Staying the course

There can only be hard choices now for President Reagan and the US Congress as they face the challenge of deepening recession and the fact that it will be impossible to balance the federal budget by 1984. Yet the nation's highest lawmakers need not - and must not - shrink from that test since it has long been evident that righting the giant American economy after years of high inflation and stagnation would require patience and sacrifice. The need now is for the exercise of intelligence and responsibility by those entrusted with management of the nation's fiscal household.

There of course can be little joy at the White House in finding itself caught up in recession, with joblessness reaching eight percent and the nation's output of goods and services falling sharply. Yet the recession itself is a a result of past efforts by the Federal Reserve Board - and the Carter and Reagan administrations - to reduce the rate of increase in the money supply and help bring down inflation. And, in fact, the inflation rate is expected to come down in the months ahead. High interest rates, a factor in the current slump, are also inching downward.

For now, it would seem, the wisest policy would be to stay the course and avoid any retreat from the Fed's battle against inflation. That need not preclude technical adjustments that will have the effect of somewhat easing the Fed's tight money policies. The Fed in fact took such steps last week. But this is hardly the time for any drastic flip-flop on policy. It is also not the time for any major tax hike for 1982, although tax increases for 1983 and 1984, as indicated by the President, need not be totally ruled out.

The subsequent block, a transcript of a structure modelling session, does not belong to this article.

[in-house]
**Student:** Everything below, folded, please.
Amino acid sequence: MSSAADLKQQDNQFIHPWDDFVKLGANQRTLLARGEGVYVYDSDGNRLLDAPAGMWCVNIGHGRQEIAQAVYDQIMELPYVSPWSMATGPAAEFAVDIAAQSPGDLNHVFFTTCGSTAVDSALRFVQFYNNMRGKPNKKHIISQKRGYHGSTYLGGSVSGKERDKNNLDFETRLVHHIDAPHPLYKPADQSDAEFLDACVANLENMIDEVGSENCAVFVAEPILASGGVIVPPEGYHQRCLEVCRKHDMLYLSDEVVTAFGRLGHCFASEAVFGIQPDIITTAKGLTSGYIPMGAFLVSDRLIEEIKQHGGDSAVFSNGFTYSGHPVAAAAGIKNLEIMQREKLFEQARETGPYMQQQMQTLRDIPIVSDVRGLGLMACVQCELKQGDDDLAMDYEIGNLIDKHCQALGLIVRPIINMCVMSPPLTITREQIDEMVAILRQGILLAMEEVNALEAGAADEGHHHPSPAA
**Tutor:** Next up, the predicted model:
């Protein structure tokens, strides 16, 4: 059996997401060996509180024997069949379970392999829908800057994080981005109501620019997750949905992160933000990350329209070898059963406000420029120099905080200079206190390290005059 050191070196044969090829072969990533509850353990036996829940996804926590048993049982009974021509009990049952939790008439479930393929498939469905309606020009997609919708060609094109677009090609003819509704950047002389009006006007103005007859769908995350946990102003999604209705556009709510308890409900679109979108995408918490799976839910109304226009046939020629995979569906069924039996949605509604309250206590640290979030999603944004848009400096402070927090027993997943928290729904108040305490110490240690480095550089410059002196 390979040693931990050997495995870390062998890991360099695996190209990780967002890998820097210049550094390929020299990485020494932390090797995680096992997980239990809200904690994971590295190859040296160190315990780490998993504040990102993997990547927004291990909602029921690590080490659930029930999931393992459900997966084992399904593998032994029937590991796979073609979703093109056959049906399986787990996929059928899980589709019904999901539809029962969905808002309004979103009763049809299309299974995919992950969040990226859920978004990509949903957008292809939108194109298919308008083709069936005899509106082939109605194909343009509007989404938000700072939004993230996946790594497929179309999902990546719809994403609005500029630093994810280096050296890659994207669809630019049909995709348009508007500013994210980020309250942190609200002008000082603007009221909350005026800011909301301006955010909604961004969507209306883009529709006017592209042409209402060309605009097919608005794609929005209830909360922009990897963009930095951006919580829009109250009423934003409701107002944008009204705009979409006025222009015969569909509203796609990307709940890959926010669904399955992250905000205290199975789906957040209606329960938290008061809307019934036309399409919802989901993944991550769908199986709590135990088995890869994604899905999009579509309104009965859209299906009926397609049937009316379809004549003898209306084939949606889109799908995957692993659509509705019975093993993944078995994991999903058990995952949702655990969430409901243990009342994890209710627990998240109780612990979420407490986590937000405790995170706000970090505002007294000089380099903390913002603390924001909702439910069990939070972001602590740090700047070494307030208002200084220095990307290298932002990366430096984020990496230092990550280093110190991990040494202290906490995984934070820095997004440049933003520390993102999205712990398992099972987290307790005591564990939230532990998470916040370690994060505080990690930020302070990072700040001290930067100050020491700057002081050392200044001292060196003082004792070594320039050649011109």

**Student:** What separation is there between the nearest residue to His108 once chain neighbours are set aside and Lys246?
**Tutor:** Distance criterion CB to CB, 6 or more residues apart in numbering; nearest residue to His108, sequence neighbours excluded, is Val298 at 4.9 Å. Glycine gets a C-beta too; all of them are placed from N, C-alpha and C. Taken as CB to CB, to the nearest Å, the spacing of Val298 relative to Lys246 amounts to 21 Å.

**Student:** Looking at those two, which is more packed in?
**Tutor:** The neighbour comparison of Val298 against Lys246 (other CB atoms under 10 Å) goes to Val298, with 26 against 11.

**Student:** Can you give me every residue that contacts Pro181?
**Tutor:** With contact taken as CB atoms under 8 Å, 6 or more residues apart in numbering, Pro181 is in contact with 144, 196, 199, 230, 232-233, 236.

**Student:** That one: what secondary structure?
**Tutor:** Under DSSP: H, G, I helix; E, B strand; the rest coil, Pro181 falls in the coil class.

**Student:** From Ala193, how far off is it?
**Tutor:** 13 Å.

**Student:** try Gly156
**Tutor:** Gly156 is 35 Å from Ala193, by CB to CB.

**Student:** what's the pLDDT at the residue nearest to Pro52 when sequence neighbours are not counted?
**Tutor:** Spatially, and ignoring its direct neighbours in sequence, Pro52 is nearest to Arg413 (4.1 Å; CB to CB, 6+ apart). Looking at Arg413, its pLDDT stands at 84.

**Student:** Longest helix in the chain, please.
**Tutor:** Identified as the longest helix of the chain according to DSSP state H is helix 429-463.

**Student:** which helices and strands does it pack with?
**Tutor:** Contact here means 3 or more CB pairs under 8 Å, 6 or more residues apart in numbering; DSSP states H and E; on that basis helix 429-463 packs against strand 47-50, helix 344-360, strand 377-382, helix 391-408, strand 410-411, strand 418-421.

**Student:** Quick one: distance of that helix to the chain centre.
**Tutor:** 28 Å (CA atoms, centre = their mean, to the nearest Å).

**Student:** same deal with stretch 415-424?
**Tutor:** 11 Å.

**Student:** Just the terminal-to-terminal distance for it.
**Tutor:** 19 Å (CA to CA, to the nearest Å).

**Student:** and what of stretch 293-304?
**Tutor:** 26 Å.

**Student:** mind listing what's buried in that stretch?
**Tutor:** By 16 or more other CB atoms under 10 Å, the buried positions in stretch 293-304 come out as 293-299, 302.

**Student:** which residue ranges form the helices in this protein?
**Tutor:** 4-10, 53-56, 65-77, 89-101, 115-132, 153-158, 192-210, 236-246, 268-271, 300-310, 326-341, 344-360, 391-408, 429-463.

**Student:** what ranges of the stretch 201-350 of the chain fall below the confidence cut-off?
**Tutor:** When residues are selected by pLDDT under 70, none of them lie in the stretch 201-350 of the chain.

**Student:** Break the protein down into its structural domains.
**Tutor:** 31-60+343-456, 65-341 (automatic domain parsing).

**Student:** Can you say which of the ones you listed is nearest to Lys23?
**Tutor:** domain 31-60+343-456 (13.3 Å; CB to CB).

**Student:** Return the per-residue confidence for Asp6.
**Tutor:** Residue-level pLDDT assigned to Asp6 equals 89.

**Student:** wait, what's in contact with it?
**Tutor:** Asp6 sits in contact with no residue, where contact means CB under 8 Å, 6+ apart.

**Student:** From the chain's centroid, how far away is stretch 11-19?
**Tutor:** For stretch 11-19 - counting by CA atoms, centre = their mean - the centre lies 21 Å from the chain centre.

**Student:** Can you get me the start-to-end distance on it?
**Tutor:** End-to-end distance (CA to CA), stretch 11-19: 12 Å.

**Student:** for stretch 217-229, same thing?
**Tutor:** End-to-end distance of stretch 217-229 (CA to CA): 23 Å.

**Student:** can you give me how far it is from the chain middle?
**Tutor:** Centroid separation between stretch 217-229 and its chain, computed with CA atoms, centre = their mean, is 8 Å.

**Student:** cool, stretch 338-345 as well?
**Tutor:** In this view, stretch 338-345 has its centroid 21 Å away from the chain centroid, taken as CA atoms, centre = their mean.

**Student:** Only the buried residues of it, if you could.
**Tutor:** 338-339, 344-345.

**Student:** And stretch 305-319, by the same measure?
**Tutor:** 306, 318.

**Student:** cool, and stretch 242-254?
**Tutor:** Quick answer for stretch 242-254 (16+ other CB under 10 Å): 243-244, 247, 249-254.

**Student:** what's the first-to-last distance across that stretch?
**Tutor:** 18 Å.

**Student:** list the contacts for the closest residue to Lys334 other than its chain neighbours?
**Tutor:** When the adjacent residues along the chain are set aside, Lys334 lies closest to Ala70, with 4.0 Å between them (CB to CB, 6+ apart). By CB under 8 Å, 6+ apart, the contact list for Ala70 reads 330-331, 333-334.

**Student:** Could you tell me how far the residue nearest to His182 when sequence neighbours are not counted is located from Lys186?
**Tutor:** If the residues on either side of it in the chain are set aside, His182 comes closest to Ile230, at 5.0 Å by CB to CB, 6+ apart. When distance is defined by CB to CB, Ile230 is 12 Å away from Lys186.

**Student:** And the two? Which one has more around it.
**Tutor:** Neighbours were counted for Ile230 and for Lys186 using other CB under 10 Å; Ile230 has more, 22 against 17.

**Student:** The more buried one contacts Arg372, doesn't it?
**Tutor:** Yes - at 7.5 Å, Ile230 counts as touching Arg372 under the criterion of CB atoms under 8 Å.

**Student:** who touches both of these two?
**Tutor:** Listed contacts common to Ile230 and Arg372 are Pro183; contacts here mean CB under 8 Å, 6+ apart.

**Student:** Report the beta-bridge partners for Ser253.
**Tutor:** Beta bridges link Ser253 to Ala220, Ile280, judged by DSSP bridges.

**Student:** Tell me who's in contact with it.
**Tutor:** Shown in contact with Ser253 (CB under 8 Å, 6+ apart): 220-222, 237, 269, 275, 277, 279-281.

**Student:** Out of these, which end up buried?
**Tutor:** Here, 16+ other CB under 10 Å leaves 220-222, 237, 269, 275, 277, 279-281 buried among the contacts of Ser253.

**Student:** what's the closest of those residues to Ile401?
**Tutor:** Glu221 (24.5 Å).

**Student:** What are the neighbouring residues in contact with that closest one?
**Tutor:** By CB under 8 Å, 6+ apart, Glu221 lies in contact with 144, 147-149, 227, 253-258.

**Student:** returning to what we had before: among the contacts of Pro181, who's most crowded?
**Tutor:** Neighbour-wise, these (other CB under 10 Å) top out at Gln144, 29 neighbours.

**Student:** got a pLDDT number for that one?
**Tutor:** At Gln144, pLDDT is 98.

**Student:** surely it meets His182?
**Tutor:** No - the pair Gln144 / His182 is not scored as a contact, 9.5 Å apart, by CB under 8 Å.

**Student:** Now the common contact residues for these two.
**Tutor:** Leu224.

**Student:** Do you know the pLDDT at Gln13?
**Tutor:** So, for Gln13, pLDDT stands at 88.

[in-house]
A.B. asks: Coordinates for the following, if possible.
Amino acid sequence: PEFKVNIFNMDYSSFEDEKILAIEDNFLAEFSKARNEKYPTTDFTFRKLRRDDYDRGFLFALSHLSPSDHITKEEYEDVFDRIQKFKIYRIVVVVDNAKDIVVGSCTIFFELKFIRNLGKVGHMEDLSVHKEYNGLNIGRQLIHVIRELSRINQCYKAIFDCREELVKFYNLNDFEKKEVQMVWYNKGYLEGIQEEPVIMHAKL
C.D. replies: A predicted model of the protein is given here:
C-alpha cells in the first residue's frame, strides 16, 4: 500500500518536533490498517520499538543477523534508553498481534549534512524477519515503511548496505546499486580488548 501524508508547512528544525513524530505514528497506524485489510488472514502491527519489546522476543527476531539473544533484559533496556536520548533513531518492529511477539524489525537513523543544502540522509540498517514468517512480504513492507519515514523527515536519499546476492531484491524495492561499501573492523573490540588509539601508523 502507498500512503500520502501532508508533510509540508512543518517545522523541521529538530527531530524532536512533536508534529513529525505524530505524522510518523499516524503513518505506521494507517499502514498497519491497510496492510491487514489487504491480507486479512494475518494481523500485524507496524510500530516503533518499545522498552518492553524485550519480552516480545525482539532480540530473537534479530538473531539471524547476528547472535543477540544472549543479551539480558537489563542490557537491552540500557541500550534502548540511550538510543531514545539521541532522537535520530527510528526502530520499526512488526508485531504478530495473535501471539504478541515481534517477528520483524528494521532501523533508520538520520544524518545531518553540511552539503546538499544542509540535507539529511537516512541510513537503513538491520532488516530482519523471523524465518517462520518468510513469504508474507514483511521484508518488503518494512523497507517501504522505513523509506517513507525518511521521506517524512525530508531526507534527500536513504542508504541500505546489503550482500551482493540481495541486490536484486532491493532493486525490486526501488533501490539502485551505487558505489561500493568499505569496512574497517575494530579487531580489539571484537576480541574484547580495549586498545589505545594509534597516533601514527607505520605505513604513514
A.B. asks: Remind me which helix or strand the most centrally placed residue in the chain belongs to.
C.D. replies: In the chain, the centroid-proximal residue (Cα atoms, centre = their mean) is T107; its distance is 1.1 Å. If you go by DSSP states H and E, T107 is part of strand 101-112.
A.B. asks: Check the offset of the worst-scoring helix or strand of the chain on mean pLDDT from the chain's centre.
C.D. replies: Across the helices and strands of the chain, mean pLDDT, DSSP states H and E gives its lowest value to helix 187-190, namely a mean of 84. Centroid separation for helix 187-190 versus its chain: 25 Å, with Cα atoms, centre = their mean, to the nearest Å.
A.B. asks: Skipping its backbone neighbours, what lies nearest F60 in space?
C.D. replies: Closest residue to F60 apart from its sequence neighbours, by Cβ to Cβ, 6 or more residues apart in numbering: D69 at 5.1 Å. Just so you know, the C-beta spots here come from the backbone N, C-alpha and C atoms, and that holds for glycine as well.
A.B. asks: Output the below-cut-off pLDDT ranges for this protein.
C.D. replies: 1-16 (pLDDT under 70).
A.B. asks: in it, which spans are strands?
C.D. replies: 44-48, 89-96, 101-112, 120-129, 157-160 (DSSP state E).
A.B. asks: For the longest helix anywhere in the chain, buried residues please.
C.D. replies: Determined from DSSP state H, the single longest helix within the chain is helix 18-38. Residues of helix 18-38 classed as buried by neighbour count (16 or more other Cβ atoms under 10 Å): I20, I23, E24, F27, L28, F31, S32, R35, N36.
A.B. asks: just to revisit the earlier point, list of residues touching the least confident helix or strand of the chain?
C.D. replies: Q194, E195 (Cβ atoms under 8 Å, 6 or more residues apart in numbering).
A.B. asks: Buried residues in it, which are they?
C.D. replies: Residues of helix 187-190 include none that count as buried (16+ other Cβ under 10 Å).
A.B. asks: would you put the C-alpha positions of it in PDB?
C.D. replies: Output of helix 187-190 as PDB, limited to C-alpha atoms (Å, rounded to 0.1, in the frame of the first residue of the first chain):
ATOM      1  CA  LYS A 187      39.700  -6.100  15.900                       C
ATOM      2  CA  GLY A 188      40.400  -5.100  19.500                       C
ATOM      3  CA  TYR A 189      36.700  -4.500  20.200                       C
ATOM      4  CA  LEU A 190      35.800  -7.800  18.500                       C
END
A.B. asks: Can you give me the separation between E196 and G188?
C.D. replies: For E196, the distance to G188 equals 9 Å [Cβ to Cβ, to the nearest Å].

But ''staying the course'' entails greater responsibility than shown by Congress - and, in part, the administration - in recent days. Take Congress. Since it appears unlikely that the 1982 deficit can be held to the originally intended $43 billion, how can the Senate justify funding such questionable but costly projects as the Clinch River breeder reactor and the Tennessee-Tombigbee waterway and chucking any serious effort to get social security under control? Or take the matter of those congressional conferees tacking expensive provisions on the farm bill, with a final measure now possibly exceeding administration targets by $500 million. How can that be justified?

The administration, for its part, is still eager to hold down deficits more by further cutting back social programs than by courageously slashing such self-interest programs as tobacco subsidies, veterans benefits, and ''tax expenditures'' - an assortment of tax deductions, credits, exemptions, and loopholes that enable millions of Americans in effect to receive a subsidy from the Treasury.

In originally promoting its unique mix of budget pruning and supply-side tax-cut policies, the administration promised that its program would be administered equitably to the benefit of the nation as a whole. That must still remain the broad objective. The administration is correct in arguing that its policies, which just went into effect last month, have not failed. They have yet to be really tested. But the trade-off would seem to be an administration obligation to find ways to cut the budget other than by just gutting social programs. Above all, that means an obligation to take another look at its projected military buildup. Surely there is much fat that can be slashed from the Pentagon budget without endangering the nation's safety.

In short, the challenge for lawmakers and the administration now is not a precipitous reversal of policy, but responsible action so that those policies just enacted have a fair chance to work.

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